But could it affect an individual's culinary abilities and the social culture embedded in cooking?
Any taxi can drive you home, but will they take care of your appetite? San Francisco-based cab giant Uber says: “Yes!” as they launched UberEATS in style in India.
After conquering the taxi world in the Indian market, the cab company now enters food delivery business.
UberEATS launched in Mumbai, India in May 2017. Bhavik Rathod, who leads the Indian branch of the company, said:
“Launching UberEATS in India, with Mumbai as the first city is a major step in our global expansion strategy.”
Since food culture has become so diverse in the city, many have adopted and transformed a lot of cuisines into mouth-watering dishes.
Now, with the food delivery players mushrooming in the country, will the traditional kitchens in Indian households become a thing of the past?
— UberEATS (@UberEATS) May 2, 2017
In fact, delivering food doesn’t hail as an entirely new concept in the country. There are already various start-ups doing the same business for quite a few years. Especially Mumbai, as it has a very long history when it comes to the concept of food delivery.
A History of Indian Food Delivery
The food delivery business in India dates back to 1930. A person in India, most commonly in Mumbai, collects the lunch boxes from the residence of employees or workers and delivers them to the workplaces.
Indians would popularly refer to him as Dabbawalla or Tiffin wallah. Gradually, the meal suppliers in the city started this practice of delivering food from central kitchens to the customers.
Later in the mid-80s, the pizza made it to India. Soon the dish became considered as the most favourite snack item.
Pizza delivery services said to have begun in India around the mid-90s. Back then, Don Giovanni’s Pizza was the only pizza delivery service available then, located in Calcutta.
As Indian society progressed, along with the foreign brands like Pizza, KFC, Dominos etc, local restaurants too emerged with food delivery options.
Now if you take a look at the Indian market, there are some well-established food deliveries like Swiggy, Zomato, Tasty Khana and Food Panda. They have been cutting each other’s throat in the food delivery business.
Now with the entry of UberEATS, the business gets more competitive. This could lead to an improvement in the quality of service. But this is just one side of the coin.
If we take some parallels from the west, where food delivery has become arguably saturated, companies still thrive. Although not used by all, but many who have very little to cook at homes feel tempted to order takeaway.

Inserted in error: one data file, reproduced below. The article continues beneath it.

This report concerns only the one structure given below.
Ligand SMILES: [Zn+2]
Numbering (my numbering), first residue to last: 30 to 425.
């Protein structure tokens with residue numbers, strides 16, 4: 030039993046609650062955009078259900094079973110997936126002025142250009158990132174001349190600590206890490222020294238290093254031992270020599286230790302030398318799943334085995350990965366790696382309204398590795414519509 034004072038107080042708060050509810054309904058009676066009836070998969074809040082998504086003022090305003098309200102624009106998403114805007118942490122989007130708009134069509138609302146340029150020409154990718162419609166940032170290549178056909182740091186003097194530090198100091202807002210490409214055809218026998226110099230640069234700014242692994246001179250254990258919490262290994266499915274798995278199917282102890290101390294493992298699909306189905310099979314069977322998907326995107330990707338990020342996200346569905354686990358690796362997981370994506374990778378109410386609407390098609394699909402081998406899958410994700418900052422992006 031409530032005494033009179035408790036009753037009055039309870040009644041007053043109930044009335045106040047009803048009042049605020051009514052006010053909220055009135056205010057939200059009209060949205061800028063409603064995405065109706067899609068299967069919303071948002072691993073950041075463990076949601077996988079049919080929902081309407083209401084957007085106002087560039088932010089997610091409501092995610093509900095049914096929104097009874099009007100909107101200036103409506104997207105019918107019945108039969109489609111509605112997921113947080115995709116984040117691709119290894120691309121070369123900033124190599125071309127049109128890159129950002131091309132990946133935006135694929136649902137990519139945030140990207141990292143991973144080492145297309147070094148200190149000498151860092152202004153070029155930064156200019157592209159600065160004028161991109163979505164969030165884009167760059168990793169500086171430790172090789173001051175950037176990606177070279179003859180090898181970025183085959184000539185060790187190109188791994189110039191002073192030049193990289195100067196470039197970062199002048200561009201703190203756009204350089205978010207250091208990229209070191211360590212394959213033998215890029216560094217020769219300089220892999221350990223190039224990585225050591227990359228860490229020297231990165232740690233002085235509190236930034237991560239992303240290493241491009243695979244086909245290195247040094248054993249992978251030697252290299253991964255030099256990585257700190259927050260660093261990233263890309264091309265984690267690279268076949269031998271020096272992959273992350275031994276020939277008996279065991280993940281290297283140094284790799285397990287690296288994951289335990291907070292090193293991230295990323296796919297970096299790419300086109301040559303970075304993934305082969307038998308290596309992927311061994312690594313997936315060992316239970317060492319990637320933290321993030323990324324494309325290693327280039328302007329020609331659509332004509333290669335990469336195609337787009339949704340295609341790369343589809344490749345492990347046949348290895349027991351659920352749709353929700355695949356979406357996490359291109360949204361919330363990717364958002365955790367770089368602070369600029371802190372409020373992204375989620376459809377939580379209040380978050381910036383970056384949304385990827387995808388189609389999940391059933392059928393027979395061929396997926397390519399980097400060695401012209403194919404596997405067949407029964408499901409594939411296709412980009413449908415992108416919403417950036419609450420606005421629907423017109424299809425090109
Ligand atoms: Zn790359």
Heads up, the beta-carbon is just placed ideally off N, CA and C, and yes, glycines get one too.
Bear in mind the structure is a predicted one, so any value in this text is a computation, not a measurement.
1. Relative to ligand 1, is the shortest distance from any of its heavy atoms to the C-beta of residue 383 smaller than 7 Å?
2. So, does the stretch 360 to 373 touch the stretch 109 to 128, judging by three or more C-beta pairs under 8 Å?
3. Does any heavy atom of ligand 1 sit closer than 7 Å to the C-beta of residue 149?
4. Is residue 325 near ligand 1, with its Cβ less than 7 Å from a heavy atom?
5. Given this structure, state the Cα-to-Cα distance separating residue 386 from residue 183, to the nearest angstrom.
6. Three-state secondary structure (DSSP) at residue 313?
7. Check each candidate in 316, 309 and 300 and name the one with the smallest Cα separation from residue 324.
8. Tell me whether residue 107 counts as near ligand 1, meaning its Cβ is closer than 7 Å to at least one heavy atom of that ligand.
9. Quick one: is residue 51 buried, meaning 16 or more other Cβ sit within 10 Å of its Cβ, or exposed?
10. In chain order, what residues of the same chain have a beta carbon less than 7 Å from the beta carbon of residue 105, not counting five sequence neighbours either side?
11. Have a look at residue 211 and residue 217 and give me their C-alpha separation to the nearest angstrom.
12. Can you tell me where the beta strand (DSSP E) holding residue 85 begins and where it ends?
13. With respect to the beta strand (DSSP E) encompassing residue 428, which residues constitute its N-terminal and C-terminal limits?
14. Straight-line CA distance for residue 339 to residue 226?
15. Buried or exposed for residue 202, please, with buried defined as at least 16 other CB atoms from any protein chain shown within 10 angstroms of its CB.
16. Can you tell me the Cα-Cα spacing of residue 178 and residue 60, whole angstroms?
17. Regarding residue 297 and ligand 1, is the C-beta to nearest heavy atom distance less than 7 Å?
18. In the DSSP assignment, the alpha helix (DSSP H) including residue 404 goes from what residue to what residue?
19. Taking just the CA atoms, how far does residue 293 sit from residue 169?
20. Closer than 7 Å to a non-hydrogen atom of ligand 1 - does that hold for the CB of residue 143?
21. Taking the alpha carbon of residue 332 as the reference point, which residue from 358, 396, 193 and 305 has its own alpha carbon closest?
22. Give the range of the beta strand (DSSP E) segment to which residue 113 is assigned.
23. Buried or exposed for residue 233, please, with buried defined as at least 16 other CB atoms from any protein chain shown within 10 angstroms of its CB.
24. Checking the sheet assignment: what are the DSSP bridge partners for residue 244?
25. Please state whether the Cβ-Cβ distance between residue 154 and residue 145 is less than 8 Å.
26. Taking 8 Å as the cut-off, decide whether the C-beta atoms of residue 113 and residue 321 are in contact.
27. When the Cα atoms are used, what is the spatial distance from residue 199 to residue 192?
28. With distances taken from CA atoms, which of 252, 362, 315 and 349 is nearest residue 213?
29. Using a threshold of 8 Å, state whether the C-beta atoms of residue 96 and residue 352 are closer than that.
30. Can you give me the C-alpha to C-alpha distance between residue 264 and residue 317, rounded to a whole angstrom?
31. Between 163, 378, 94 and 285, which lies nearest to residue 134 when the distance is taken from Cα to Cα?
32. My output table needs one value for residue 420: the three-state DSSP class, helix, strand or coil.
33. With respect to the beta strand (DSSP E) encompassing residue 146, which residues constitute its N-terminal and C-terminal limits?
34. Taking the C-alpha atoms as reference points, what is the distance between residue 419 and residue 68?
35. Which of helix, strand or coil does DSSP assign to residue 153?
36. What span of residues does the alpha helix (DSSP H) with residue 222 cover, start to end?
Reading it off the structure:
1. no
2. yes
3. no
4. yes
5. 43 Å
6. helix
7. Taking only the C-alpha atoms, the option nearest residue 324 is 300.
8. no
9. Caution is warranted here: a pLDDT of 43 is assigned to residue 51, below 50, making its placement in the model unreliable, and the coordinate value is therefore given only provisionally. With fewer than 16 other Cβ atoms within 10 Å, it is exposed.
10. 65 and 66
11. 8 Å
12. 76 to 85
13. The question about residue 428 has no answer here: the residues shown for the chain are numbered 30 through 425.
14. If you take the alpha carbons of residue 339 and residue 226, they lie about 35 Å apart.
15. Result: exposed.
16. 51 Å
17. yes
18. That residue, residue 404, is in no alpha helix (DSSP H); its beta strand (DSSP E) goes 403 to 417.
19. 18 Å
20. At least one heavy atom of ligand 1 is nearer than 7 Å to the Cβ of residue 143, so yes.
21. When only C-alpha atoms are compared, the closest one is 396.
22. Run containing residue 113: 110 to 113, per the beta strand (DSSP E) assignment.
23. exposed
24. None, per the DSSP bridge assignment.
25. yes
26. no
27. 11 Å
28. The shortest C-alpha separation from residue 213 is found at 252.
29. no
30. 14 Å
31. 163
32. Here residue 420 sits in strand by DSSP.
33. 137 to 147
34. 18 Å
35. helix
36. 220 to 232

Getting food delivered saves time. But could it affect an individual’s culinary abilities and the social culture embedded in cooking?
Especially in a country like India, where the traditional home-food has wide appreciation for its taste. These ever growing online-food deliveries pose a threat to culinary culture.
Ordering food online acts as just a straightforward activity. You don’t even have to invest your time on deciding which type of food you’d like to eat. The food delivery application itself gives you options based on that particular day and you are done in a matter of minutes.
An Emerging ‘Lazy Culture’
It remains an undeniable fact that these food enterprises save time by serving ready-made food. In any case, they are arguably creating a ‘lazy culture’ into people’s lives, slowly eliminating the cooking traditions of people at homes.
In addition one would wonder whether these services cater only for rich people, meaning others are too poor to afford?
Food isn’t only a basic need to survive. It also serves entertainment and creativity for so many.
Now with the entry of UberEATS, the market has become crowded with food deliveries. These online kitchens may tempt you with pictures of scrummy food items to order them online, but are they worth it?
This practice will likely impact the going-out culture, eating at restaurants and socialising.
How will Mumbai take to this trend? Is UberEATS going to be a game changer or just joins the line of other food deliveries?
Only time will tell.